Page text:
But you, Bethlehem, in the land of Judah,
are by no means least among the rulers of Judah;
for out of you will come a ruler
who will be the shepherd of my people Israel.

Matthew 2:6 (NIV)

This was news to the magi. When they left Herod and started toward Bethlehem, they again spotted the star. “[It] went ahead of them until it stopped over the place where the child was. When they saw the star, they were overjoyed.” Matthew 2:9 (NIV) Whatever the star of Bethlehem was, it was not an astrophysical entity. Nor is walking behind a light in the sky an astrological practice. Yet the light went ahead of them on the road and came to a stop over the house where Jesus was.

The star leading the magi is more akin to the pillar of fire and the cloud leading Israel in Sinai – a fully miraculous revelation from God. In modern astronomy, a star has a very precise definition, yet to the ancients a star was a small light in the sky. We would err to try to force a modern definition of a word upon an ancient text. We may never know why God led the magi by a light in the sky anymore than we will know why a host of angels appeared to the shepherds. God works the way he wants to work, and not necessarily the way we expect him to. The magi followed the light to Bethlehem because they believed it would lead them to Christ.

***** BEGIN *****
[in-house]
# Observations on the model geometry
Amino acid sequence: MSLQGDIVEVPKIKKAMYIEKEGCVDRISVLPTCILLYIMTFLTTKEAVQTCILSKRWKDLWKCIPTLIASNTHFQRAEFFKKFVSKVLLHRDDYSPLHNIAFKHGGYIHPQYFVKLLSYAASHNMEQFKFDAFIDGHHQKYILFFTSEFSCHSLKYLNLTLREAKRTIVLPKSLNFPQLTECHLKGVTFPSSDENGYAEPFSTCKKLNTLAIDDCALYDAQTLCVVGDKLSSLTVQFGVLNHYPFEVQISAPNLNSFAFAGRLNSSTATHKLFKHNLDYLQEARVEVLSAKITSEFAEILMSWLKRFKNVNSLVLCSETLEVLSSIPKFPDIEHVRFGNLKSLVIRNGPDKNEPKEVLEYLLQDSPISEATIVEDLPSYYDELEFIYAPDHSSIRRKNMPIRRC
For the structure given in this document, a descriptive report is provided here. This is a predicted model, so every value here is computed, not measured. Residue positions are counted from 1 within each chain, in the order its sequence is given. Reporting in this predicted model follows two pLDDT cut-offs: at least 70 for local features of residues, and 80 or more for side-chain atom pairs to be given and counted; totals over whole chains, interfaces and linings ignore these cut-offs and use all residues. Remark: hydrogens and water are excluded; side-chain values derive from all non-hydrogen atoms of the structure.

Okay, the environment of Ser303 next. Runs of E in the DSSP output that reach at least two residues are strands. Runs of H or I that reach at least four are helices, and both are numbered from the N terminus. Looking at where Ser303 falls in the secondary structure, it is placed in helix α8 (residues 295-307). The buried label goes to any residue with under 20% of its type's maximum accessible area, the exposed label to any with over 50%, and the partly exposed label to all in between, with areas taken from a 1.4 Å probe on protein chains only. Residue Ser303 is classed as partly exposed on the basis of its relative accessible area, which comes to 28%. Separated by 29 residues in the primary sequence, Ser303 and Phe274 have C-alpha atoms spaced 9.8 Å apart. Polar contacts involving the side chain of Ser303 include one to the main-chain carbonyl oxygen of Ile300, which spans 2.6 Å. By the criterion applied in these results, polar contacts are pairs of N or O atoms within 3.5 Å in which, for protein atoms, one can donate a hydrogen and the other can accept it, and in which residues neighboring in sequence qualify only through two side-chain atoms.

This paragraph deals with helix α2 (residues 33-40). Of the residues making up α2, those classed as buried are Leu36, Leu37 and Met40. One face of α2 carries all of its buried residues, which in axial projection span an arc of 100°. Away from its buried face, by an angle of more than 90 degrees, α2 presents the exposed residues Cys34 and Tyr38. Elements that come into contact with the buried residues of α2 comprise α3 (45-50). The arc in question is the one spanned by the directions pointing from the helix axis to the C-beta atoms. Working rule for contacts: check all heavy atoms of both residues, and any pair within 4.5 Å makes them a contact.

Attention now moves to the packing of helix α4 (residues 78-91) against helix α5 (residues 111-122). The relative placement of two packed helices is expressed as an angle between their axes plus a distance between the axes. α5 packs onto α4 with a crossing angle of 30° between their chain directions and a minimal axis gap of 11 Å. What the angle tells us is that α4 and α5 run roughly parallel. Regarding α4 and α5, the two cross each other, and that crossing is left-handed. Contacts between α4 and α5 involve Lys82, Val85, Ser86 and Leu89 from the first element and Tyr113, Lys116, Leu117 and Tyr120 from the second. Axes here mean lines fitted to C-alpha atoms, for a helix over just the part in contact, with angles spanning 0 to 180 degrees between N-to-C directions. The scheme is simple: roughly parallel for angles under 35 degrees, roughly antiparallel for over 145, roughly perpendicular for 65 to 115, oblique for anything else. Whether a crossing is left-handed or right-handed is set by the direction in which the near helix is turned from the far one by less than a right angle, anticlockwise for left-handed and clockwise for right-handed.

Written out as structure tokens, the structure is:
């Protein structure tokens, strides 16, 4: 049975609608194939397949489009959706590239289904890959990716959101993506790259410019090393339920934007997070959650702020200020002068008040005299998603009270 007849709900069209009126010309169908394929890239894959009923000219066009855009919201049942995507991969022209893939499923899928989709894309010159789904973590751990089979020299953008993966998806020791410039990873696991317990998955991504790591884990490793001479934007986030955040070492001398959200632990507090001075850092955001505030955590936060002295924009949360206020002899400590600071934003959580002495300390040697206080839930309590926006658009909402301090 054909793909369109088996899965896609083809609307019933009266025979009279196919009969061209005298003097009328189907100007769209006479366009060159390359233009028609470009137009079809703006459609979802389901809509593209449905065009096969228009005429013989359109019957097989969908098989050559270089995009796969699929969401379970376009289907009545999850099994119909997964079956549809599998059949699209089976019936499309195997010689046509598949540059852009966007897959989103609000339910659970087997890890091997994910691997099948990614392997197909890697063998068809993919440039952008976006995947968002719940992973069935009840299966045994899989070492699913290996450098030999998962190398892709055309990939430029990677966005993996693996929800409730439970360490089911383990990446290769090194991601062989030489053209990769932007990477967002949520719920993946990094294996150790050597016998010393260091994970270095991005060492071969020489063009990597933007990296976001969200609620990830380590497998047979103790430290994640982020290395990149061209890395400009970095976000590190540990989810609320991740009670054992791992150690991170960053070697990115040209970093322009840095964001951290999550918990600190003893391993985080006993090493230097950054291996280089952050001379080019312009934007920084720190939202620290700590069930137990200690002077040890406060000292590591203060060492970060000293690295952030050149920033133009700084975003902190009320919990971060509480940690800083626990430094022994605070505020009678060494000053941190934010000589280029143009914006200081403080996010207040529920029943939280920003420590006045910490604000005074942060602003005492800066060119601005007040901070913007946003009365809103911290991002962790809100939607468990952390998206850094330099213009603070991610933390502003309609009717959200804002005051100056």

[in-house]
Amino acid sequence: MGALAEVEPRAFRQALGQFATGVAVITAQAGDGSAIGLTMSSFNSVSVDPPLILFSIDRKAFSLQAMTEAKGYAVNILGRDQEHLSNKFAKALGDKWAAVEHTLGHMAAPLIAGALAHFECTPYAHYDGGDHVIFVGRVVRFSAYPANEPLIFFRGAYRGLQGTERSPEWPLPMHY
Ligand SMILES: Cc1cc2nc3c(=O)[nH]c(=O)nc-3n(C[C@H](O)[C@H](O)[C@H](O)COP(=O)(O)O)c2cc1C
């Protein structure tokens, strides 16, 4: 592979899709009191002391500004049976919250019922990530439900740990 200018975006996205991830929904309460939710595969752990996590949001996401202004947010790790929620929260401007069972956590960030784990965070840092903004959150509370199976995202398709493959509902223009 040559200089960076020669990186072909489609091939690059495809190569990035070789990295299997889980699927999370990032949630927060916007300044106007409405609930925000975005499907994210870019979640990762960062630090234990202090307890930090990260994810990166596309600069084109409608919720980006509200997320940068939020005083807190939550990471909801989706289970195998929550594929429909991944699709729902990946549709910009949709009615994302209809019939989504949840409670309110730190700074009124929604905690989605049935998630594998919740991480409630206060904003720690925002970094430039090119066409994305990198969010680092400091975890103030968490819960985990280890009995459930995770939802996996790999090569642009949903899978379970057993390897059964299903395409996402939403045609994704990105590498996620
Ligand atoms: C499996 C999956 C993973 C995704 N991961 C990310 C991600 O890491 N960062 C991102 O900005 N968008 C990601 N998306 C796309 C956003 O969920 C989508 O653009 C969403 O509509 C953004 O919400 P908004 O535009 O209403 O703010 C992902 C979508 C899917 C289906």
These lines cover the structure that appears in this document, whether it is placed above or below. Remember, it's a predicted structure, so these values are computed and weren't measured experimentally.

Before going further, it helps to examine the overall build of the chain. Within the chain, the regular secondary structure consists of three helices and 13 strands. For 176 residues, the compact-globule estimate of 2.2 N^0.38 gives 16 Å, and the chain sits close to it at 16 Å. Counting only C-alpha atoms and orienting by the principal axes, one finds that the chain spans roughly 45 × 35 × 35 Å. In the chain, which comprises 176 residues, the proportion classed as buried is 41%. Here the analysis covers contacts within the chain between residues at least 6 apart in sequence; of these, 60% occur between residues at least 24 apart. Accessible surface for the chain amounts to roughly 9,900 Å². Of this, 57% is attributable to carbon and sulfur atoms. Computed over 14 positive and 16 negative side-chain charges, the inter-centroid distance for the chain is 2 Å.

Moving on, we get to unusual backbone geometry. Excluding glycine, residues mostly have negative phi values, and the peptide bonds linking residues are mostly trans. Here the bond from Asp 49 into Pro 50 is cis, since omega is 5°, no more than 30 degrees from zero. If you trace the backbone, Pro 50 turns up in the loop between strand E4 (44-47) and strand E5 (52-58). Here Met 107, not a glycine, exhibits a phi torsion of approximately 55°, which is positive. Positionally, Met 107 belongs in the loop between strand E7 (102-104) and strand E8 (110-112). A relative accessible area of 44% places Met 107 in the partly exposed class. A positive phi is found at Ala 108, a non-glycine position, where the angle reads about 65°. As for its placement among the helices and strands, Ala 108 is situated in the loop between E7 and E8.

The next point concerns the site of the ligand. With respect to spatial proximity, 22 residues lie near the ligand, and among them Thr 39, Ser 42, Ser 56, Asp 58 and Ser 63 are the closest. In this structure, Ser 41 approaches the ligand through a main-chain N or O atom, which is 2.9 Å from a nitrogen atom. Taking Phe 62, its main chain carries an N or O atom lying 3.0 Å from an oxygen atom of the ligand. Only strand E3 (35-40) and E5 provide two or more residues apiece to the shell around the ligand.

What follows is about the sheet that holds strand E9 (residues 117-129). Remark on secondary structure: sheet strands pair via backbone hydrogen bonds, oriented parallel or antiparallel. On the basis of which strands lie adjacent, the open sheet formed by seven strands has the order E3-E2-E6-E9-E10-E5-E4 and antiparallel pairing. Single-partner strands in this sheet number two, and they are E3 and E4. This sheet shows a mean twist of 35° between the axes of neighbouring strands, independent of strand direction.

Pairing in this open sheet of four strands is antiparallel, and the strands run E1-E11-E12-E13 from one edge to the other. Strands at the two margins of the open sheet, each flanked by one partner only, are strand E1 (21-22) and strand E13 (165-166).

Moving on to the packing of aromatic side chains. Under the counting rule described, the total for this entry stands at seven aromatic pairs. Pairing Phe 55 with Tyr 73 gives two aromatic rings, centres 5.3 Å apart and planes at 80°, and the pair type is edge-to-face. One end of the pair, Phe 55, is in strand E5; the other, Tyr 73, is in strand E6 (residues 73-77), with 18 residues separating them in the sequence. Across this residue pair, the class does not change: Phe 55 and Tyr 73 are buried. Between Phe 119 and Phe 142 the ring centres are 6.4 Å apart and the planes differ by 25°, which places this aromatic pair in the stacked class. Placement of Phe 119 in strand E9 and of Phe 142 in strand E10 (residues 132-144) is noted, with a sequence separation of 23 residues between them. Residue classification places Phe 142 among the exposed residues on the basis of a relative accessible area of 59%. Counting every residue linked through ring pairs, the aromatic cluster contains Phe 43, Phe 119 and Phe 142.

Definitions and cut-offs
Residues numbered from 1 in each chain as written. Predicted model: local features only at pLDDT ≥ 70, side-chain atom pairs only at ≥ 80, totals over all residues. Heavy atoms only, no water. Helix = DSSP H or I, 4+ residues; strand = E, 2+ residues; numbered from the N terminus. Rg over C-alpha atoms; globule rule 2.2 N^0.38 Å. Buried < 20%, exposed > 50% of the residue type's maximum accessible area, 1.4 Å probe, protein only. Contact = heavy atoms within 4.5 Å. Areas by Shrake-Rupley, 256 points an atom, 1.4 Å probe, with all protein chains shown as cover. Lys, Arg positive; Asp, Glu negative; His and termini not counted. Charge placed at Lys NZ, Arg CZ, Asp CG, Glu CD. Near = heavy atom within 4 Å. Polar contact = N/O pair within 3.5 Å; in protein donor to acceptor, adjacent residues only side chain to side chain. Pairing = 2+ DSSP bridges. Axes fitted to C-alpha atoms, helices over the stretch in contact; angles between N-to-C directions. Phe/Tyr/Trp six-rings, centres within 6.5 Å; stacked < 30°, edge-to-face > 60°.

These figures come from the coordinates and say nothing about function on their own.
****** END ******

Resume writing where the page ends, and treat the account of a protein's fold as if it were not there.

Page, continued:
On coming to the house, they saw the child with his mother Mary, and they bowed down and worshiped him. Then they opened their treasures and presented him with gifts of gold and of incense and of myrrh. And having been warned in a dream not to go back to Herod, they returned to their country by another route.

Matthew 2:11-12 (NIV)